The subject of indefinite immigration detention has been in the headlines again last week. I myself spent five months in detention and have campaigned for essential detention reform since my release. Now, a new report from a cross-party group of MPs has given me more hope.
Credit goes to the members of the Joint Committee on Human Rights (JCHR) for instigating this immigration detention inquiry and the organisations who gave crucial evidence over the past few months. Two members of the group that I represent, Freed Voices, also gave vital evidence.
The timing of this report seems ideal, as we are currently passing a very crucial juncture, with the committee stage of the EU Withdrawal Bill is starting today. I see this as a window of opportunity to achieve one of the most important reforms needed in relation to immigration detention: the introduction of a 28-day time limit.
The harm caused by indefinite detention has been well documented over the years. The indefinite nature of the current detention regime frames many of the miseries that surround it. Being detained indefinitely means you do not know when you will be released; you do not know if you will be transferred to a different detention centre or removed from the country at a moment’s notice. You do not know if or when you will be able to see your family again.
It was distressing but not surprising to learn that there are two suicide attempts a day in UK detention centres. Self-harm is an ever-present reality. This dire situation is allowed to fester in part because of the government’s attitude towards and portrayal of those that they detain.People in detention are treated as transient, even though people can be held for months or even years.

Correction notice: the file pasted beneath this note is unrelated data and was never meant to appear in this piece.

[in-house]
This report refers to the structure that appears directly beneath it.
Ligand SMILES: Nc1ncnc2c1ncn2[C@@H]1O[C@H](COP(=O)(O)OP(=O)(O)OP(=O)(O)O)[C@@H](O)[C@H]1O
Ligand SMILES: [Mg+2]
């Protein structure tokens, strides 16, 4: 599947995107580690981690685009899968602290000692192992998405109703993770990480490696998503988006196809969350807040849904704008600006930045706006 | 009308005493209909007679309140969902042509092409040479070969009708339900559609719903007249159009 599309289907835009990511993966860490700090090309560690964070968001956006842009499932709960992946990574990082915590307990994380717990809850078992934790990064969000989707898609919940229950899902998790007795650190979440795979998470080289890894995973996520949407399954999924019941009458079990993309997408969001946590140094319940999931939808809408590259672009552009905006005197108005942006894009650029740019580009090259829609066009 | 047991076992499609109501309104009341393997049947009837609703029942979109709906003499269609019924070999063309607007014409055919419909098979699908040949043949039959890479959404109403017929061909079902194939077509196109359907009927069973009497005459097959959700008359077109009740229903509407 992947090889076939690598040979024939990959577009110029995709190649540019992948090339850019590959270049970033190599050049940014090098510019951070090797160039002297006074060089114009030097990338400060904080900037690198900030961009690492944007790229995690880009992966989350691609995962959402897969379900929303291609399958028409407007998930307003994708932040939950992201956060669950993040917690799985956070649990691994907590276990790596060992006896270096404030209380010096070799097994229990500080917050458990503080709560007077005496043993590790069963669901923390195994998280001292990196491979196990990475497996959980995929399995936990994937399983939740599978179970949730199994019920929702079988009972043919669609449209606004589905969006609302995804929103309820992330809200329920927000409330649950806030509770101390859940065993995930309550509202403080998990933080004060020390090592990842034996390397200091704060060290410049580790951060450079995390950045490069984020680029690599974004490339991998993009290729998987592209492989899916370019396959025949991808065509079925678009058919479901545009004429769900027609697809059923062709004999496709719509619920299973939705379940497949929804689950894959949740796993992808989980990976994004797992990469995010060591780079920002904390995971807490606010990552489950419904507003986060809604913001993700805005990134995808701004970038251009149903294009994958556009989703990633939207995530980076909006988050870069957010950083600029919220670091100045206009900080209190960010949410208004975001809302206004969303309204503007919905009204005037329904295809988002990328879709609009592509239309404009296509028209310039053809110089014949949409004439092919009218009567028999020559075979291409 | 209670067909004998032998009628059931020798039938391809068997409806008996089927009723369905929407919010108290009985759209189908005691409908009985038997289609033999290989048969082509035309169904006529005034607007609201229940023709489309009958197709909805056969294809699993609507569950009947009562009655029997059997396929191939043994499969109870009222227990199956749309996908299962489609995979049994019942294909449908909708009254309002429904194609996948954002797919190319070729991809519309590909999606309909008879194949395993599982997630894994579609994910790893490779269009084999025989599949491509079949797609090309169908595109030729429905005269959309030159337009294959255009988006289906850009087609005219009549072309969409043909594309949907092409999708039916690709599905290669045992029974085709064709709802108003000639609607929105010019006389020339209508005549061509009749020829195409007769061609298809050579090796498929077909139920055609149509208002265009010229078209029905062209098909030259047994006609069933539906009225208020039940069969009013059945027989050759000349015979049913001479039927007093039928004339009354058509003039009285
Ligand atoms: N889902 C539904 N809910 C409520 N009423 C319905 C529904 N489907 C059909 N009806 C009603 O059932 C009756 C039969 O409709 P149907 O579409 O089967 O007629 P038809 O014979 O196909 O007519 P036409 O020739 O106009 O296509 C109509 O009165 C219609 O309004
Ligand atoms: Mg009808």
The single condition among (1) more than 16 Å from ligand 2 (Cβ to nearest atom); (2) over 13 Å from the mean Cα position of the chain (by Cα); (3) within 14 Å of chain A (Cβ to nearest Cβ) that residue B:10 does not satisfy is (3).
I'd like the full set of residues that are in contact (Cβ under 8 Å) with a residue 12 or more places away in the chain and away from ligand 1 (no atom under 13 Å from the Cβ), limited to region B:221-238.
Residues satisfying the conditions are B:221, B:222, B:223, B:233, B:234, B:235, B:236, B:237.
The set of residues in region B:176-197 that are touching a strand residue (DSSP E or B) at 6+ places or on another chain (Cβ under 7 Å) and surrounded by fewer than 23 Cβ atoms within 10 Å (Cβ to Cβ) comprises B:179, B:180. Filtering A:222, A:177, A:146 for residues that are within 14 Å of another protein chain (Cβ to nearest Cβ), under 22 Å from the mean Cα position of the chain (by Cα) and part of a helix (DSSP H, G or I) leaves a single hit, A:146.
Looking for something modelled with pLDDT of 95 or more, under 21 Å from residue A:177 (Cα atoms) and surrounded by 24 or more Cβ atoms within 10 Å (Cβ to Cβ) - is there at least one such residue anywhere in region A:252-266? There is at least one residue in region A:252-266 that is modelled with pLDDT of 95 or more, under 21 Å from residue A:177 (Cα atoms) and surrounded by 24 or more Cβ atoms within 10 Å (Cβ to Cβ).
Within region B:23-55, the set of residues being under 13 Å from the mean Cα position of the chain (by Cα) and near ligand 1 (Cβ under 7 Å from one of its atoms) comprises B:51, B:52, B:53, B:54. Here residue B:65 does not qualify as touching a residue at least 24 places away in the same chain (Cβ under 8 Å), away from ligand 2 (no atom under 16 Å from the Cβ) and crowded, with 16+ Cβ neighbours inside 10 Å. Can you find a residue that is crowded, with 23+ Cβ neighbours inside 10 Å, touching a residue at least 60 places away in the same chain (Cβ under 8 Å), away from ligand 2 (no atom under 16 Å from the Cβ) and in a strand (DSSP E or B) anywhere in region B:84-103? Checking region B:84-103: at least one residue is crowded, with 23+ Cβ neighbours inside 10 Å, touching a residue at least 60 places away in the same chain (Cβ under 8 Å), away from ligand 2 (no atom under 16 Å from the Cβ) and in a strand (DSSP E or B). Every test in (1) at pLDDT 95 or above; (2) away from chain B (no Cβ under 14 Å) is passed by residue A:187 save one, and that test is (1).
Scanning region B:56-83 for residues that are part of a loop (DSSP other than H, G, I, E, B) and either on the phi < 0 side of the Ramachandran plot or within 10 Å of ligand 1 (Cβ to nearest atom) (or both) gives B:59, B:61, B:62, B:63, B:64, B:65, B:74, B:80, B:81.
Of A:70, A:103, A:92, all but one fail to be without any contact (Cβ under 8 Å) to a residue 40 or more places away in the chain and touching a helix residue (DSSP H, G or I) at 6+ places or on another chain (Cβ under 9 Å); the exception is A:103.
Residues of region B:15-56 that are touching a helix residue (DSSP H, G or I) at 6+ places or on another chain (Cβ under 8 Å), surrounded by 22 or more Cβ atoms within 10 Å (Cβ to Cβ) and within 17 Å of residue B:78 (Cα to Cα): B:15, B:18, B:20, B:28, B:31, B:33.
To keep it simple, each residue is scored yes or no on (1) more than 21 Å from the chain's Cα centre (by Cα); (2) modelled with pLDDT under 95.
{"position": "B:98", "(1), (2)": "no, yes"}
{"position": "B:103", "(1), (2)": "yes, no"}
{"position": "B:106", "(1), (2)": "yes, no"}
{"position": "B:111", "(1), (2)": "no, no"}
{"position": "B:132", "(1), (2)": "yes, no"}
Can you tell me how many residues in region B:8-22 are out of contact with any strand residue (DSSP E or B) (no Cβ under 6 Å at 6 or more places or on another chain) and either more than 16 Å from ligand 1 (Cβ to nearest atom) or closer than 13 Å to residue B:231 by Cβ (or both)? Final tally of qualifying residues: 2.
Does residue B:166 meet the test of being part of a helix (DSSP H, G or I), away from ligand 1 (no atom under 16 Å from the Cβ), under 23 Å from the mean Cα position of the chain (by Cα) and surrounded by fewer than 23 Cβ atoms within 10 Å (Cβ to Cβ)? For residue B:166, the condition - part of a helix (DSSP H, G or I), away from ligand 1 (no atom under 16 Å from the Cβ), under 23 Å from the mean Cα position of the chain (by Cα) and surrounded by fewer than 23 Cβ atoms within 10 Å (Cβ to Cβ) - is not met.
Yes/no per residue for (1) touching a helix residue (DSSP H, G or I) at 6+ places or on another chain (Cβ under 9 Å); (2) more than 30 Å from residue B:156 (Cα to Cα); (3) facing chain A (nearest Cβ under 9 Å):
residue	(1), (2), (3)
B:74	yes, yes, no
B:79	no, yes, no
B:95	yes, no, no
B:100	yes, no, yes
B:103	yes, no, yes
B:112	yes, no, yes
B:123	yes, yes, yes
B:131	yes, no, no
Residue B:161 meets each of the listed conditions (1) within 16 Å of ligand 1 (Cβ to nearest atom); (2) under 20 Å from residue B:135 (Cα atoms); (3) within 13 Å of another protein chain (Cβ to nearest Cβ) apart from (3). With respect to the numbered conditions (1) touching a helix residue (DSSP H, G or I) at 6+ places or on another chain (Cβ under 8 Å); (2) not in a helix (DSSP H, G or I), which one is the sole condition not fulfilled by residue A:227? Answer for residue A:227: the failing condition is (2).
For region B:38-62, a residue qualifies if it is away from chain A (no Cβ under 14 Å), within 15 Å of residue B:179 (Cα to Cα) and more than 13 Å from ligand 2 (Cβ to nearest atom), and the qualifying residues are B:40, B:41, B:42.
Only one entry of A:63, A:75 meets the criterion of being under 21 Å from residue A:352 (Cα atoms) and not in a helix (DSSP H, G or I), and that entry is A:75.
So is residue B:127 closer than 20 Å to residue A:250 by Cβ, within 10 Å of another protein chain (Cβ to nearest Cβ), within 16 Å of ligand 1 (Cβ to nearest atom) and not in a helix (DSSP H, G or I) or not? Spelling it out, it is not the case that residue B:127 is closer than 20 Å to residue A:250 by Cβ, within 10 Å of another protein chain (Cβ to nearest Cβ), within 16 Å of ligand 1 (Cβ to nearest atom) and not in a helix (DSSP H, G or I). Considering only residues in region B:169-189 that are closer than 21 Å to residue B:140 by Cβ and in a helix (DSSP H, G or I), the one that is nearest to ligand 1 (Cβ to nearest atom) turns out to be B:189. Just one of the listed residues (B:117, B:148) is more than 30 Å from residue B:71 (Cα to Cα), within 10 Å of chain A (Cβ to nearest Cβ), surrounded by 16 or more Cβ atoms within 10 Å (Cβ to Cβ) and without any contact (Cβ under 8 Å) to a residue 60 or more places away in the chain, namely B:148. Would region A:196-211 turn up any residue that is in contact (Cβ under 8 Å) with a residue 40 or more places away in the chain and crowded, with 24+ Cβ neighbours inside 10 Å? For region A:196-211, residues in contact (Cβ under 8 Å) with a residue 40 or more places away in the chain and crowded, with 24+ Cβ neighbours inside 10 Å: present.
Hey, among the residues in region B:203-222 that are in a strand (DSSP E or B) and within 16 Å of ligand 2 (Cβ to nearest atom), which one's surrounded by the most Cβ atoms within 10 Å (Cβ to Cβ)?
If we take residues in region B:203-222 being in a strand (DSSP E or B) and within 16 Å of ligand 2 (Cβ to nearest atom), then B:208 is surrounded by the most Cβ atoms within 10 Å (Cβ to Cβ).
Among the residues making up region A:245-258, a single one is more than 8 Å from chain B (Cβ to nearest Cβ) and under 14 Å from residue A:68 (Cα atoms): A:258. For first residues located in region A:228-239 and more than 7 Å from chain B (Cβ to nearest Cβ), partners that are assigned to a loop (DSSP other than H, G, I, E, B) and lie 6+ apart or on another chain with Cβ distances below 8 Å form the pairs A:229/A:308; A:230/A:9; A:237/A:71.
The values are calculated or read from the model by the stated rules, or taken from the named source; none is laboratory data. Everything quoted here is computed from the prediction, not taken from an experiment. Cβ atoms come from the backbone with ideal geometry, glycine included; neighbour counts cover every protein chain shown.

This is why the 28 day time limit recommended in this JCHR report is crucial. A time limit alone would not fix the problems caused by detention, however. This report also covers the fact that the Home Office often gets their decision to detain someone in the first place wrong. Decisions are currently taken without giving priority to peoples’ liberty and without considering alternatives to detention first. Therefore, there is a real tendency that detention becomes arbitrary.
I think it is because there might be an inevitable conflict of interest for the Home Office to authorise someone’s detention in the first place, as the same institution is tasked with their deportation or removal. This is why I agree with the recommendation that the decision to detain someone in the first place must be made independently from the Home Office as far as possible.
The committee has also called for better and more consistent access to legal aid. Proper legal advice is crucial to access justice and this has been seriously undermined by recent legal aid cuts.
After seeing the harrowing footage of abuse in Brook House, I think it is certainly important to improve oversight of abuse allegations and the ability to identify and properly consider people’s vulnerabilities. The endemic ill-treatment and abuse that we have seen must never be allowed to happen again.
The Home Office has no legal obligation to follow the recommendations outlined by the committee, but there is cause to be optimistic here. Firstly, it is much better to have this sort of report, as it makes our arguments and calls for immigration detention reform stronger. The government cannot plead ignorance to the devastation that its policies cause. Secondly, the number of parliamentarians now committed to introducing a time limit is continuing to grow. I’ve seen exactly why we need to end indefinite detention, and we may finally have the political consensus to make it happen.
Lastly, the fight against indefinite detention from campaigners, politicians, and experts-by-experience has been inspirational. Our attempts to instil dignity, humanity and compassion into our immigration system will go on.
This article was written by Mishka from the Freed Voices group – Freed Voices is a group of experts-by-experience dedicated to speaking about the realities of detention and calling for detention reform. Mishka writes under a pseudonym.